McDonald's uses JCDecaux's advertising space to build nesting sites for wild bees
Without pollination from bees, 1/3 of the food we eat would be threatened. The fact that some McDonald's franchisees keep beehives on their restaurant roofs to promote biodiversity has been highlighted around the world.
The initiative is now being extended to include beehives for wild bees installed in JCDecaux's billboards.
It is estimated that 30 % of Sweden's wild bees are threatened. A major problem is that they lack places to live. That's why some McDonald's restaurants have replaced their usual big boards with ones with built-in beehives, where wild bees and other insects can crawl in and rest.
At the same time, McDonald's has launched a partnership with JCDecaux to to create nesting sites for wild bees on the backs of billboards that would not otherwise used. Bees thrive best when their nests are facing south. Billboards unused, south-facing backsides will instead be home to thousands of wild bees and insects. The first test is located in Järfälla and if it is successful the initiative may be scaled up in spring 2020.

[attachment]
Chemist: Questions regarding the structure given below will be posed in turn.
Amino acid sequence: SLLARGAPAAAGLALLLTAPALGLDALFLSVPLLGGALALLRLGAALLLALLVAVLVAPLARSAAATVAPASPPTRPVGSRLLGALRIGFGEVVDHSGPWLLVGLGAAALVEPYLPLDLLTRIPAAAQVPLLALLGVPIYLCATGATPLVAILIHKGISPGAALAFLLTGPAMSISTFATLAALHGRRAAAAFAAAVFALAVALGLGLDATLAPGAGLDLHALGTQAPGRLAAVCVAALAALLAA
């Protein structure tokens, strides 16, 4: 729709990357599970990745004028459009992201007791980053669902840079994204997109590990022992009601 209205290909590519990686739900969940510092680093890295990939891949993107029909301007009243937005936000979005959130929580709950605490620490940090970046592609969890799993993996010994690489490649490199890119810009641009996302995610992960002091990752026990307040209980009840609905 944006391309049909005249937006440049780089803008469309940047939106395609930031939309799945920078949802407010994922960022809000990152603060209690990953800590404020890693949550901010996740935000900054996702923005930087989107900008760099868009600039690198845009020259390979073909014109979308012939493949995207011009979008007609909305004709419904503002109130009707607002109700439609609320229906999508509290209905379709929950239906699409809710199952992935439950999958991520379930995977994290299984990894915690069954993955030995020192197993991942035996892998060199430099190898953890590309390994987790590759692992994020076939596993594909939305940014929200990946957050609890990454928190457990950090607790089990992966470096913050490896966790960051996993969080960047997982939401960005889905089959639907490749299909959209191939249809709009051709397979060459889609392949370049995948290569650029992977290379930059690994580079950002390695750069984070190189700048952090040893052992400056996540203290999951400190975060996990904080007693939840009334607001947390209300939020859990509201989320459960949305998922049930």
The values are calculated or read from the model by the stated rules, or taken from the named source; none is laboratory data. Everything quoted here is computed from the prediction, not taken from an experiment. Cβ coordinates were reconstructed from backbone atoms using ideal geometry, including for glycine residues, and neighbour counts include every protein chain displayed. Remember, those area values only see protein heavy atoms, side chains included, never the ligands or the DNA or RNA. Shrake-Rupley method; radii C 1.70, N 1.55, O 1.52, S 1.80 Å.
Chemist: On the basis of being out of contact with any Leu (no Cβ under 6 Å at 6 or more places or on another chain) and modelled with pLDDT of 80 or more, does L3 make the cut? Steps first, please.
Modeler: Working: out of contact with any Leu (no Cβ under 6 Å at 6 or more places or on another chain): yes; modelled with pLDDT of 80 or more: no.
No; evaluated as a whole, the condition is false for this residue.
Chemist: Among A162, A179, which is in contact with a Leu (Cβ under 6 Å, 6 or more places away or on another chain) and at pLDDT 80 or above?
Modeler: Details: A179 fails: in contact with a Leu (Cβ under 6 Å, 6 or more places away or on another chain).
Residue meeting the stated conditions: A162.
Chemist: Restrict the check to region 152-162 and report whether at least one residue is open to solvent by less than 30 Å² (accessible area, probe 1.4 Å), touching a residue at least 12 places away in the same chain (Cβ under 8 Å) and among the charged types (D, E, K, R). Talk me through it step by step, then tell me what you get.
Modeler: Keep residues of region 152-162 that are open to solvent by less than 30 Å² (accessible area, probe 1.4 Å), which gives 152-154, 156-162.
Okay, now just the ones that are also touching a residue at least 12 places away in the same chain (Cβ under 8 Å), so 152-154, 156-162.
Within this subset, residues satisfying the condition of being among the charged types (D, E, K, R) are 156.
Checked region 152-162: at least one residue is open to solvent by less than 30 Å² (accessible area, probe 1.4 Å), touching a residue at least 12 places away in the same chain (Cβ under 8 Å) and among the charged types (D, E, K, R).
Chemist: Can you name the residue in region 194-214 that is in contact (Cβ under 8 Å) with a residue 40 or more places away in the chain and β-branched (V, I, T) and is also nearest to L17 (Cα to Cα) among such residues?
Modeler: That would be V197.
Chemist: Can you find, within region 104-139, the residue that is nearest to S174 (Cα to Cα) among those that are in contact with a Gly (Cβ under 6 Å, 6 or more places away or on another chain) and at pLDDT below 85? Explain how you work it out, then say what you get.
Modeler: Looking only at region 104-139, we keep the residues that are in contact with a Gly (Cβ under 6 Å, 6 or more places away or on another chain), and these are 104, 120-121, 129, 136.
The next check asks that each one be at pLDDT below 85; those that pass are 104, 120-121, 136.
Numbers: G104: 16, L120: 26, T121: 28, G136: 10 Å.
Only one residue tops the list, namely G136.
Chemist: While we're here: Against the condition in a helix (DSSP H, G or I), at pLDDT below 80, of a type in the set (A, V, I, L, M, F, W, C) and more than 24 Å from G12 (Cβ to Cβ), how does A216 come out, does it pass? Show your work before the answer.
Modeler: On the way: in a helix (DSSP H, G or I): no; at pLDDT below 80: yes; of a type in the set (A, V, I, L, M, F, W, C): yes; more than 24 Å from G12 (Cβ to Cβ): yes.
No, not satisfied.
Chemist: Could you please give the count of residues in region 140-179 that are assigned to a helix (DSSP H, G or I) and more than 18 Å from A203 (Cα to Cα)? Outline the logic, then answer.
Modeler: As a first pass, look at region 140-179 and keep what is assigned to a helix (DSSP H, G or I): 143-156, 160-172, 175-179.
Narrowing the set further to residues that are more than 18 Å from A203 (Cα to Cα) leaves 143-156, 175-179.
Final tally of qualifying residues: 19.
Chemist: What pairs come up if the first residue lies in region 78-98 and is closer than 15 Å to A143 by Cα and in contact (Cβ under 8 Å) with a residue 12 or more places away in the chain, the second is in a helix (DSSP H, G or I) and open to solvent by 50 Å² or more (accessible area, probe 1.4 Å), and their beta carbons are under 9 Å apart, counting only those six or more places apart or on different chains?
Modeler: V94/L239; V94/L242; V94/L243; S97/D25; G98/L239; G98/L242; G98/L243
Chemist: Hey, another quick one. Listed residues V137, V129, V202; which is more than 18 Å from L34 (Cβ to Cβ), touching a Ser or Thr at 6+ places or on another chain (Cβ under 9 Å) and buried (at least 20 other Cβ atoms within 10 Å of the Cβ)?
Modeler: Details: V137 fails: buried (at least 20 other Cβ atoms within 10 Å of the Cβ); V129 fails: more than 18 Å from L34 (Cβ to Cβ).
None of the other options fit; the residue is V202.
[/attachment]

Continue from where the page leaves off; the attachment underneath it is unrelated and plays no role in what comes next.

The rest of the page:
- The survival of bees is an important issue for society as a whole. That we can use our signs for a good cause therefore feels very good. The initiative, which stems from our franchisees' personal commitment to has been made possible in partnership with JCDecaux and we are proud and happy soon to welcome our flying guests as they move into our hotels," says Henrik Nerell, Environmental Manager at McDonald's in Sweden.
Agency: NORD DDB
PR agency: Prime
Media agency: OMD
For more information, please contact JCDecaux's Head of Communications Malin Otterström.